James Ford Rhodes (18481927). History of the Civil War, 18611865 1917.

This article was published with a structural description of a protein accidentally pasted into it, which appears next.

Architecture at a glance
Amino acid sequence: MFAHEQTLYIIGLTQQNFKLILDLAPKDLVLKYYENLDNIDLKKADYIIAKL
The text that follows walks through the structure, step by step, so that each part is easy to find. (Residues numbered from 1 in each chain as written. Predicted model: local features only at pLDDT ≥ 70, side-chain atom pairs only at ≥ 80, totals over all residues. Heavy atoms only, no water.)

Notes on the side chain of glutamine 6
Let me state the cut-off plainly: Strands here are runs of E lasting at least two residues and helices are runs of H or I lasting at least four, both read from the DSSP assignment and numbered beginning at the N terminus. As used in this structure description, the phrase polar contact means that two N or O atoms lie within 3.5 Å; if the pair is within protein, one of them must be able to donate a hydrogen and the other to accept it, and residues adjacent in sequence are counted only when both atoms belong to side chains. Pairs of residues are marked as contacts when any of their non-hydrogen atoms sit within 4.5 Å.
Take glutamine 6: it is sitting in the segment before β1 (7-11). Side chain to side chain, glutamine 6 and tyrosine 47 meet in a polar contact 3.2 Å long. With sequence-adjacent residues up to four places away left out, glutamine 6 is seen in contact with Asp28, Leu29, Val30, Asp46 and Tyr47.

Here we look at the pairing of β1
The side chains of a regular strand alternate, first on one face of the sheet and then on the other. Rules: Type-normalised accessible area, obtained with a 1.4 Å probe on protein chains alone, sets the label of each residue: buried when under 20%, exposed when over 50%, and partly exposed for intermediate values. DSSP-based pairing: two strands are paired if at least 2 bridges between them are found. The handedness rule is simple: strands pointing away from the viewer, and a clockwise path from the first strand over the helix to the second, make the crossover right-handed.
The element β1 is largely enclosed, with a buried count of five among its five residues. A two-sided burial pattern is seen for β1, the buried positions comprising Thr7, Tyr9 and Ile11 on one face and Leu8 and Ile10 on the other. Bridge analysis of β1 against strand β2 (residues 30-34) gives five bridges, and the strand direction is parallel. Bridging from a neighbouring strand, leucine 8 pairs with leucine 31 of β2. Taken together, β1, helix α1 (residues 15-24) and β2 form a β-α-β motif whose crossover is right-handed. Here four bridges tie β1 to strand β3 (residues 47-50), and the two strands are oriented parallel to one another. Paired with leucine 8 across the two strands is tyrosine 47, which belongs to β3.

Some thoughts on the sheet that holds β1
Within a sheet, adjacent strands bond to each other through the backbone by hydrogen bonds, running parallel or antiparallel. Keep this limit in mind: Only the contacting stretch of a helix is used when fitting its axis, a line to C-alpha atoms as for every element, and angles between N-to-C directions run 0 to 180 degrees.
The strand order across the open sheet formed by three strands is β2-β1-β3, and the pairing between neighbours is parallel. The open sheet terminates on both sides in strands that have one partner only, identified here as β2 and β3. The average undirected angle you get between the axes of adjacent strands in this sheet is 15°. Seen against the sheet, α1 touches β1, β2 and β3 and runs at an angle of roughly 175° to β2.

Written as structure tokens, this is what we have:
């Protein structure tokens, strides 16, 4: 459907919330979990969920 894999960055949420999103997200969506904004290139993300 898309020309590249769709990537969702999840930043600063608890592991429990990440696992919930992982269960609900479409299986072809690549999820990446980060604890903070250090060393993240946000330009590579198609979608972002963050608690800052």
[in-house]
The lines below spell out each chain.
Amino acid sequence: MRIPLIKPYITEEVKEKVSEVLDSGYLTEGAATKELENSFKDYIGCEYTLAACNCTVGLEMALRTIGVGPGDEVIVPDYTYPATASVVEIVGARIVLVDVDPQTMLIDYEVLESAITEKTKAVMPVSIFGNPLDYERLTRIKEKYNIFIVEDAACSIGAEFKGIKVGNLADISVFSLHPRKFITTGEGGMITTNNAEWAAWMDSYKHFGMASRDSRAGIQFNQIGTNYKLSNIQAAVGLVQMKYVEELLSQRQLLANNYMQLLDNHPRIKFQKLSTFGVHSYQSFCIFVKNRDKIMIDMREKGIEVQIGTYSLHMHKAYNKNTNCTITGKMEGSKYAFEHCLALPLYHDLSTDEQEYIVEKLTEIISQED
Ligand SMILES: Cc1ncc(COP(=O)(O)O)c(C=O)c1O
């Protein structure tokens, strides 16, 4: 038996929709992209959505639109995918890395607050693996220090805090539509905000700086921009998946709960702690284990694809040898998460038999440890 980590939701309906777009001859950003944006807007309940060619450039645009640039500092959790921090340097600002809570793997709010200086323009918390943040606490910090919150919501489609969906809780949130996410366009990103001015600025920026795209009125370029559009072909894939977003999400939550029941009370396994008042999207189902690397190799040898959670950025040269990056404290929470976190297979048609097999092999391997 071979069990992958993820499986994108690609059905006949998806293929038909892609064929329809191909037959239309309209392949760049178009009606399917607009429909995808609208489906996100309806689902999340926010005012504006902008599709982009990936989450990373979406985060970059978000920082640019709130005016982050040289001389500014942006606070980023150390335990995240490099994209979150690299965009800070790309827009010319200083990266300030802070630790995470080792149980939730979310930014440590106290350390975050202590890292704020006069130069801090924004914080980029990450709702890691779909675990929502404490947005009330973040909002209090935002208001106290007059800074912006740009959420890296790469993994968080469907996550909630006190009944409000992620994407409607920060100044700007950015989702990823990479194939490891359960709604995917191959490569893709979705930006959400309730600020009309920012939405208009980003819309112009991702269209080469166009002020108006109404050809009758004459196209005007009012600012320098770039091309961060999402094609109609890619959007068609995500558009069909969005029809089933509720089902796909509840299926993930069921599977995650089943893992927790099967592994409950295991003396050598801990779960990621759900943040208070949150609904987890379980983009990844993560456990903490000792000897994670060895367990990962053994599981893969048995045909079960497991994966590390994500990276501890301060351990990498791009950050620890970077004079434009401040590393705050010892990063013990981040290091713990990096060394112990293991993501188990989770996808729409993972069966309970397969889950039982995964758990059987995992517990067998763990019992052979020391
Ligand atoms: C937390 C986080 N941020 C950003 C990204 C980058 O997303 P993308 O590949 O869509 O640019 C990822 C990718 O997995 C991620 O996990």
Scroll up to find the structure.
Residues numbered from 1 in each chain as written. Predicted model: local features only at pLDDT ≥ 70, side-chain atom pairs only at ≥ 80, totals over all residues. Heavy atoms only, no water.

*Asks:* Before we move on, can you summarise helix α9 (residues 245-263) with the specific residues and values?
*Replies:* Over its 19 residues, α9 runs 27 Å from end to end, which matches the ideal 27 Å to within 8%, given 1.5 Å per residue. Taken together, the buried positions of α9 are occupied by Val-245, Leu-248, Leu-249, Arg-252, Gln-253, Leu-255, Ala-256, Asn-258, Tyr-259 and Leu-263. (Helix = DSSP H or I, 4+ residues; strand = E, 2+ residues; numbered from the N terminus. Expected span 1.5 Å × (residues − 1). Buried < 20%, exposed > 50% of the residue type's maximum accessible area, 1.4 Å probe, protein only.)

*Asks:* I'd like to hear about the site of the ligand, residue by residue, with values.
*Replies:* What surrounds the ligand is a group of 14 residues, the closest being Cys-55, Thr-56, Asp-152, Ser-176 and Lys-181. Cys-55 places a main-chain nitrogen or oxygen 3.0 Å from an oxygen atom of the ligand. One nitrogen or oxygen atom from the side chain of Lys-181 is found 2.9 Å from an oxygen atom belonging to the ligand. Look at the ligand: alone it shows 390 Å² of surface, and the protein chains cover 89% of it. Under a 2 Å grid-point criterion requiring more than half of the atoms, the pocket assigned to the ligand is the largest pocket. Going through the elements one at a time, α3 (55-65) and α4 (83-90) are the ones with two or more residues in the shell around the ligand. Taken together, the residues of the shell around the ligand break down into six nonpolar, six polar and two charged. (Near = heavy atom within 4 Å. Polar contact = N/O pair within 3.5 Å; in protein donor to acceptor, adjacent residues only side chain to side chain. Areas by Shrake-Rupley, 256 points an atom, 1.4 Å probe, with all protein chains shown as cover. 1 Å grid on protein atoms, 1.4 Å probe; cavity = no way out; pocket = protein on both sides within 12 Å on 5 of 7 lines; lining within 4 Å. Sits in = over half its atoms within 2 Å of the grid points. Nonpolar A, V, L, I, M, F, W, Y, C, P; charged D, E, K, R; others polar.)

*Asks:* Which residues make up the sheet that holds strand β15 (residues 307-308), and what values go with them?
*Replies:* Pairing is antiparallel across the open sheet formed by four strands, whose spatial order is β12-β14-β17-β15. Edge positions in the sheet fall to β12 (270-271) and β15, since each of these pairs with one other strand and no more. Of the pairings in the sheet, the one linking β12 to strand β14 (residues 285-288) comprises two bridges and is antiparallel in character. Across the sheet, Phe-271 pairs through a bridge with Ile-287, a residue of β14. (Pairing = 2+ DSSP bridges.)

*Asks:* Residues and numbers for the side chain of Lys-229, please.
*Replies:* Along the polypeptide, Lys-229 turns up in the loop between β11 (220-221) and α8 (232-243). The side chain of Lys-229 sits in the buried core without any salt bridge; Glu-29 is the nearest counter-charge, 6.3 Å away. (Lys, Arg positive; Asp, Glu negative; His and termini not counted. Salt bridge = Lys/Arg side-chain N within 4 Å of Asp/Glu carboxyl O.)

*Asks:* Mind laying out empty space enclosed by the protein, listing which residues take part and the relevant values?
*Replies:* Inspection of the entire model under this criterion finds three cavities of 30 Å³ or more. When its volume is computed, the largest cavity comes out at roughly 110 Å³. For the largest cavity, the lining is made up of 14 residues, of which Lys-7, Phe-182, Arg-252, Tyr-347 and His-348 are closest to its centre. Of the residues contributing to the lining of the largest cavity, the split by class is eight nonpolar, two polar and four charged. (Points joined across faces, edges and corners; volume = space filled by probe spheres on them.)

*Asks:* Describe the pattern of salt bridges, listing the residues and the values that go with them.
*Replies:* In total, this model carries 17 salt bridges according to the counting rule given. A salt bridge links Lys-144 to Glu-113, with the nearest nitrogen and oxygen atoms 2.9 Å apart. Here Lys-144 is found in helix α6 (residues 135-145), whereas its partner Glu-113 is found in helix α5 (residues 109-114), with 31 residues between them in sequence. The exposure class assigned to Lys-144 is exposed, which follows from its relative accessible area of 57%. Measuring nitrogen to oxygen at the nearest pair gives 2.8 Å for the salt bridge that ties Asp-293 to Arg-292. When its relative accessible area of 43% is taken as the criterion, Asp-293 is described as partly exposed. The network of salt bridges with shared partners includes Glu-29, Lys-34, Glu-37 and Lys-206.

His warrant was the war powers of the Constitution. There must be a reasonable probability that the proclamation would help the operations of his army in spite of the strong opposition among many officers of high rank to a war for the negro; that it would weaken the Confederates by fostering in the slaves their inborn desire for freedom and so making of them all the secret friends of the North; that it might further lead to the employment of blacks as soldiers. But these considerations being granted, Lincoln must then satisfy himself that public opinion at the North would sustain him in the action. He could not doubt that the cavilling support of the Radicals would turn to enthusiasm and that their influence in the work of raising men and money would be very powerful. But was the sentiment of the plain people, the mass of steady Republicans and war Democrats, ripe for an edict of freedom? Again, the possibility that the policy might alienate the border slave States which had clung to the Union was in Lincolns mind a serious objection; but the difficulty was as great not to act as to act. On the other hand, emancipation would help him in Europe. England and France could not recognize the Southern Confederacy when the real issue between the two sections was thus unmasked. Yet there was reason to fear that an avowed war against slavery would revive the opposition of the Democrats and give them a club to use against the administration; but the President did not regard this an objection of great moment, since party opposition in the North must be expected in any event. In sum, it was only by turning the question over and over in his mind that he finally settled his doubts. He believed that a proclamation of freedom was a military necessity and that the plain people of the North would see this necessity even as he did. As the days went on, he was